You are not the loyal servant, Dear Missionary.
Hello again from sunny California! For those who don't know, we have been fundraising since September 2019 in order to start our second phase of ministry. Mark has been called as one of the pastors of Kaihin Makuhari Megumi Church and has been approved as a new MTW Team Leader. Please see this brochure for an overview of what we hope to do. Here also is a brief 5 minute video. Since I (Mark) was planning to be assessed as a Team Leader, the sin of 'power' has been something I have been thinking about more. Although the sin of being "power-hungry" or "authoritative" is as toxic and destructive as sexual immorality in a leader, too often this sin in Christian leaders is left unchecked, unaddressed, and/or accepted/tolerated. I've been thinking: why are Christian leaders (including myself) so adamant to protect themselves from sexual immorality but freely flirt with their lust for power? Do we truly believe that a "selfish ambition" is demonic? Last newsletter, I started sharing the first half of my sermon on 1 Samuel 17 (David and Goliath) that tries to reflect on our dysfunctional relationship with power. This issue, I have included the second half that focuses on how we should think about power and how we should respond to it. The passage's message on power was great preparation for my soul as we embark into our new ministry.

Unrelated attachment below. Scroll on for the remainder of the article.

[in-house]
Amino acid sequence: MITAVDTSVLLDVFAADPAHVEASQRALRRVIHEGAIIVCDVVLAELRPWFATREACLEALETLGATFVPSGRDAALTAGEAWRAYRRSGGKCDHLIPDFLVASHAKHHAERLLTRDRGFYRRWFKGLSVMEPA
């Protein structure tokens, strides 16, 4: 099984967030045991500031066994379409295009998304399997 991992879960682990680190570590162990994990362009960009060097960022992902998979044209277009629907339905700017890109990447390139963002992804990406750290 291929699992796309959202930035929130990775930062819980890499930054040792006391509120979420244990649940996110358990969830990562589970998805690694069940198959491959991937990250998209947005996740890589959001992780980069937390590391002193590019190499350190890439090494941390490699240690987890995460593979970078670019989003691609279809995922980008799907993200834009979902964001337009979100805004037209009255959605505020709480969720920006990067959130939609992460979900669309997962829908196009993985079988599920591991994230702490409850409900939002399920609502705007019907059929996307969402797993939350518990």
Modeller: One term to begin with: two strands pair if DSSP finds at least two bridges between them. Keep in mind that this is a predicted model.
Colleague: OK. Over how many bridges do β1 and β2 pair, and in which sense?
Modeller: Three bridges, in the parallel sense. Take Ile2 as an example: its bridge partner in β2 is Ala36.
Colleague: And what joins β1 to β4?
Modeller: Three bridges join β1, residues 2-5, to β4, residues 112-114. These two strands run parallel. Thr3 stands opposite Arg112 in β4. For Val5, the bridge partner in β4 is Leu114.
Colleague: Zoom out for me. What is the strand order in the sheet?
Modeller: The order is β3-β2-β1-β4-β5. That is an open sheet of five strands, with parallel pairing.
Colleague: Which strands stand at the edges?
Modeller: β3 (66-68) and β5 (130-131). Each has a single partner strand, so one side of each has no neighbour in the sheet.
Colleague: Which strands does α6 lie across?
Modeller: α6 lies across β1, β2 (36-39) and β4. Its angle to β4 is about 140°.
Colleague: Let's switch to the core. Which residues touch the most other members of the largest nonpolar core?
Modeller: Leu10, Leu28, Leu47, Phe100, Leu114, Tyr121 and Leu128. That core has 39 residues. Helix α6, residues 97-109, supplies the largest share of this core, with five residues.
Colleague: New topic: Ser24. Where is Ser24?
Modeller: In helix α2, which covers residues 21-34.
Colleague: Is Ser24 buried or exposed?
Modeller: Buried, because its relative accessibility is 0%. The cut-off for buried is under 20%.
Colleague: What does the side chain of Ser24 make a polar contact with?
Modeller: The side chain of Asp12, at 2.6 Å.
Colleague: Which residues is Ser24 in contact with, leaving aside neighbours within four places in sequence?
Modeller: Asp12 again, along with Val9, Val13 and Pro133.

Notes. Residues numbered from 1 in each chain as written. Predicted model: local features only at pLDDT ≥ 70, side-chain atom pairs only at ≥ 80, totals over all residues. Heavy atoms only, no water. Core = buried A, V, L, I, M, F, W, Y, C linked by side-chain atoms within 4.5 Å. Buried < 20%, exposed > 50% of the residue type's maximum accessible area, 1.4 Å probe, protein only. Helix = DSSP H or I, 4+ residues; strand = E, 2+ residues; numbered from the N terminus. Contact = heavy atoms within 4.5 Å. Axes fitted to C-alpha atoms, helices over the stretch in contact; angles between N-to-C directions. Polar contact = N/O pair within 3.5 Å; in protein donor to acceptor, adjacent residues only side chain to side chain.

...But, is the point of the story[of David and Goliath] that we are supposed to be more obedient and faithful? Yes, to a certain degree. BUT if you look closer, it’s a different story. This leads me to the second questions: who is this about? The story is about the people’s failure to be faithful, and the people’s need for a King, a champion, to fight on their behalf. I think this really depicts the nature of what faith is. I think everybody can identify the main characters of this story—David, Saul, Goliath, and the people of Israel. But let me ask you this: who should we identify as in the story? Are we David? Are we Saul? Are we Goliath? Yes, those three are possibilities, but if this book was read by the people of Israel—it would be very natural for the people of Israel to be… the people of Israel. It’s not rocket science. ...So in Ancient Near Eastern culture, champion warfare—this one on one battle between representatives of two armies—was not uncommon. And it was not odd, for a king to send out a champion rather than going himself... Look at verses 12-16. Three of David’s brothers and many able Israelites are in the army, obviously. But not one of them raise their hand to fight for Israel. Later, we learn that there’s even a pretty good reward: lots of money, marrying Saul’s daughter and becoming part of the royal family, and being free of taxes for life. But then again, there are no sign ups. But its pretty amazing how stubbornly unfaithful the people of Israel are. Goliath blasphemes the name of the LORD and declares war on the kingdom of God, but the people of God do NOTHING for 40 days straight. 40 out of 40 times, Israel chooses NOT to fight Goliath. They betray God by watching Goliath blaspheme him for forty days straight. So I want to emphasize here that the point of the book of Samuel and actually the book of Kings, the book of Chronicles, and the entire Old Testament is NOT—Go fight and prove your loyalty to God… The point of the entire Old Testament is this: even if you had five chances, forty chances, one hundred chances, one million chances to prove your loyalty to God over the Goliaths of this world, you will CHOOSE to not fight. And that is why your salvation from Goliath CANNOT be contingent on how you fight. You shouldn’t trust yourself! It needs to depend on a champion who will fight for them. However, in champion warfare, if no one raises their hand, it was expected that the King—the greatest warrior of the people—would fight on behalf of his army. This is where Israel looks to their champion to be the faithful and courageous servant of YHWH for them. And if the entire army of Israel refused to fight for YHWH, this faith and courageous servant would be the human King of Israel—the Anointed King of God, whom YHWH selected himself. If you actually look at the broader of the Bible, this is really what Christianity about: Because everyone fails to be obedient, faithful, and loyal, we need someone else to be obedient, faithful, loyal. This is the essence of Christian faith. Christian faith is NOT about our fight for God, but it’s about the people of God WATCHING the champion fight Goliath for them. This is the essential difference between how other religions see faith, and how Christianity sees faith. Other religions say you must FIGHT your Goliaths, but the Christian religion says, you must WATCH your champion fight for you... But there are some very practical people who may think: “Wait. Are you telling me to forego my own power, influence, and wealth to follow some random champion? If I don’t have a powerful champion to fight, then I can’t protect anyone: my family, my friends, or even myself. That’s the most ridiculous thing I’ve ever heard.” And yes, I absolutely agree. That moves us to the third question: What’s this story about? The Christian faith is not about merely foregoing our power. This story and the Christian faith is about picking and trusting the most powerful champion. And the most powerful champion is NOT a champion who fights with the power of this world, but with the LORD’s weapon of choice--obedience and faithfulness. This story presents two potential champions: Saul and David. And basically, Saul and David represents two different ways to serve and fight for God. First, we see Saul. His approach is obey God if and only if you have the worldly power to do so. I am absolutely sure that Saul had good intentions. I am also sure that Saul loved God and wanted to be a faithful Israelite; however, this does not change one fact. Even if Israel refused for 40 days to fight for the LORD, the appointed King, the greatest warrior of Israel REFUSED to fight for YHWH, despite the fact that Goliath was mocking the name of YHWH in front of his face. Why? I think Saul just said to himself. “I know I have direct orders from King YHWH himself to slay this Goliath. I am not strong enough, smart enough, or “anything”-enough to obey God. I will not obey. I will obey when I am powerful enough.” And that is why he waits for 40 days. It sounds humble. It sounds calculated and strategic. However, it is his obsession with power that deters him and ultimately drives to him to disobey God and betray him. Do you see yourself here? I certainly do. And this obsession with power drives Saul to STOP David from fighting Goliath. Why? Because David does not have any power. “You are but a youth, and he has been a man of war from his youth.” Saul says—David, you do not have the proper experience, education, training or anything really, while Goliath was raised to be the ultimate killing machine. So David, because you are not powerful, you are not “qualified” to serve God—that’s why I’m not fighting. That’s why Saul allows David to go, only if David uses his armor and a sword. Again, symbols of power. Again, Saul’s mantra is this: Obey God, if and only if you have the power to do so. It sounds good, but a complete betrayal of God’s power. It basically says—the power of God doesn’t matter, at the end of the day, it’s my power that counts. But David’s approach is the completely opposite. He says: Obey God, regardless of how little or how much power you have. Why? The power I have does not matter, at the end of the day, it’s the power of the King that counts. When David goes to the front lines on his father’s orders to greet his brothers and deliver some food for their commander, by mere coincidence, he hears Goliath for the first time. And when he hears Goliath blaspheming the name of Christ, David is furious and he immediately volunteers to be the champion of Israel. David was not concerned about Goliath’s height, armor, scimitar, spear, or giant shield—he could not care less about any form of power. His question in verse 26 encapsulates his priorities: “For who is this uncircumcised Philistine, that he should defy the armies of the living God?” David was solely concerned about the honor and glory of His King and says: “WHY is this idolater stepping foot on the holy Promised Land of God? WHO does he think he is waving his scimitar against the Holy Holy Holy One??” David was a faithful, loyal servant. THIS was the response that King YHWH was looking for these past 40 days. And I want you to hear how David responds to Saul’s point about his lack of power: “And David said, “The LORD who delivered me from the paw of the lion and from the paw of the bear will deliver me from the hand of this Philistine.”” (1 Samuel 17:37 ESV) David looked back on his life and said: my victories in the past was never really about my power or the lack of it. It was about whether the LORD was there or not. If the LORD says he will be with me, I will obey—is what David thought. He knew that obedience to the LORD with a slingshot and five stones was more powerful than swinging a giant sword in a coat of armor in complete disobedience. And of course, power-obsessed and power-hungry Goliath and the world laughs at David. I love Goliath’s line: “Am I a dog, that you come to me with sticks?”(1 Samuel 17:43 ESV) Goliath is offended that Israel sends probably the weakest kid they have. He believes worldly power should be met with more worldly power—not obedience to YHWH. But he does not realize, in God’s economy, in God’s army, he is the mightiest warrior. That is why David responds: “This day the LORD will deliver you into my hand, and I will strike you down and cut off your head. And I will give the dead bodies of the host of the Philistines this day to the birds of the air and to the wild beasts of the earth, that all the earth may know that there is a God in Israel ,and that all this assembly may know that the LORD saves not with sword and spear. For the battle is the LORD’s, and he will give you into our hand.” (1 Samuel 17:46–47 ESV) And the forty long and grueling days of Goliath’s taunting, literally ends in three seconds. 48 long verses comes to an abrupt halt in one single verse. A single pebble of the LORD topples the towering epitome of the power of the world. And actually, after this, David becomes the King of Israel and goes to follow God and destroy any enemy of God in the Promised Land. And because of David’s faithfulness, God chooses to be with Israel. This is God’s faithful and loyal champion. And Israel sent this champion to stave off the judgment of God so that they continue to be the people of God. David’s victory is given to the entire people of God. Because David is faithful and loyal, God deems the entire people faithful and loyal—despite their unfaithfulness and betrayal. But that is not the end of the story. David is just a trailer to the ultimate faithful, and loyal servant, Jesus Christ. He is the champion who fights on our behalf. But who does he fight? Because at the end of the day, our greatest enemy is death itself. God in judgment says this: “You have not acted like a grateful servant to me. And because of this, I will send Death to you and I will disown you.” Death is the powerful Goliath that overshadows everything we’ve done: whatever career you have, whatever family life you have, whatever achievements you have, we cannot defeat Death and Death destroys us all. Do you think you can defeat Death? And do you know what Jesus did? He like David, did not hesitate to fight on behalf of his people. And He did not fight with sword or spear, but he fought with merely his obedience to the LORD. He declared to the world that he would defeat sin, death, and Satan himself by merely obeying God, hang as a naked body on a plank of wood, and die as Philistines—or Gentiles or idolaters—mocked him. People thought it was a complete joke. They mocked him like Goliath did. The 12 disciples deserted him on the Cross. But the ultimate King David, Jesus Christ, still charged towards death, sin, and Satan with nothing in his hands—not even a sling shot and five stones—just two nails drilled in his hands. And what happened? He was resurrected on the third day—chopping off the head of death, sin, and Satan himself… declaring to the world, the battle is the LORD’s and God has given everything to his obedient champion, Jesus Christ. In light of this, God gives us two choices. The first choice is this: use our own power to fight off Death and the judgment of God. And this is exactly what Saul did in the David and Goliath story. Despite the fact that he found the perfect champion—Saul asks his servant “Abner, whose son is this youth?” Which basically means, “Is this David part of some royal family? Is he going take away my royal throne and power?” Saul wanted to continue to be the King and fight as the champion of the people of Israel. He wanted to continue to fight on his own. Obey God but using his own power—this is not faith. The antithesis of faith is choosing yourself as the champion. That will lead to complete failure. The other choice is how Jonathan reacted to David. Jonathan was actually the son of Saul. He was next in line to the throne. He was the next champion, the next king after Saul. But when he saw David, the champion of God, what did he do? If you look at 18:4-5, Jonathan gives ups everything, gives up his right to the throne, and recognizes and acknowledges David as his King—the champion who will fight for him. God is calling us to not be like David—that’s actually what Saul tried to do. God is calling us to be like Jonathan to give our power to Jesus Christ and watch him fight for us. May we watch our glorious King, the faithful and loyal servant fight for us, so that we may be saved from the judgment of God and continue to be his beloved people.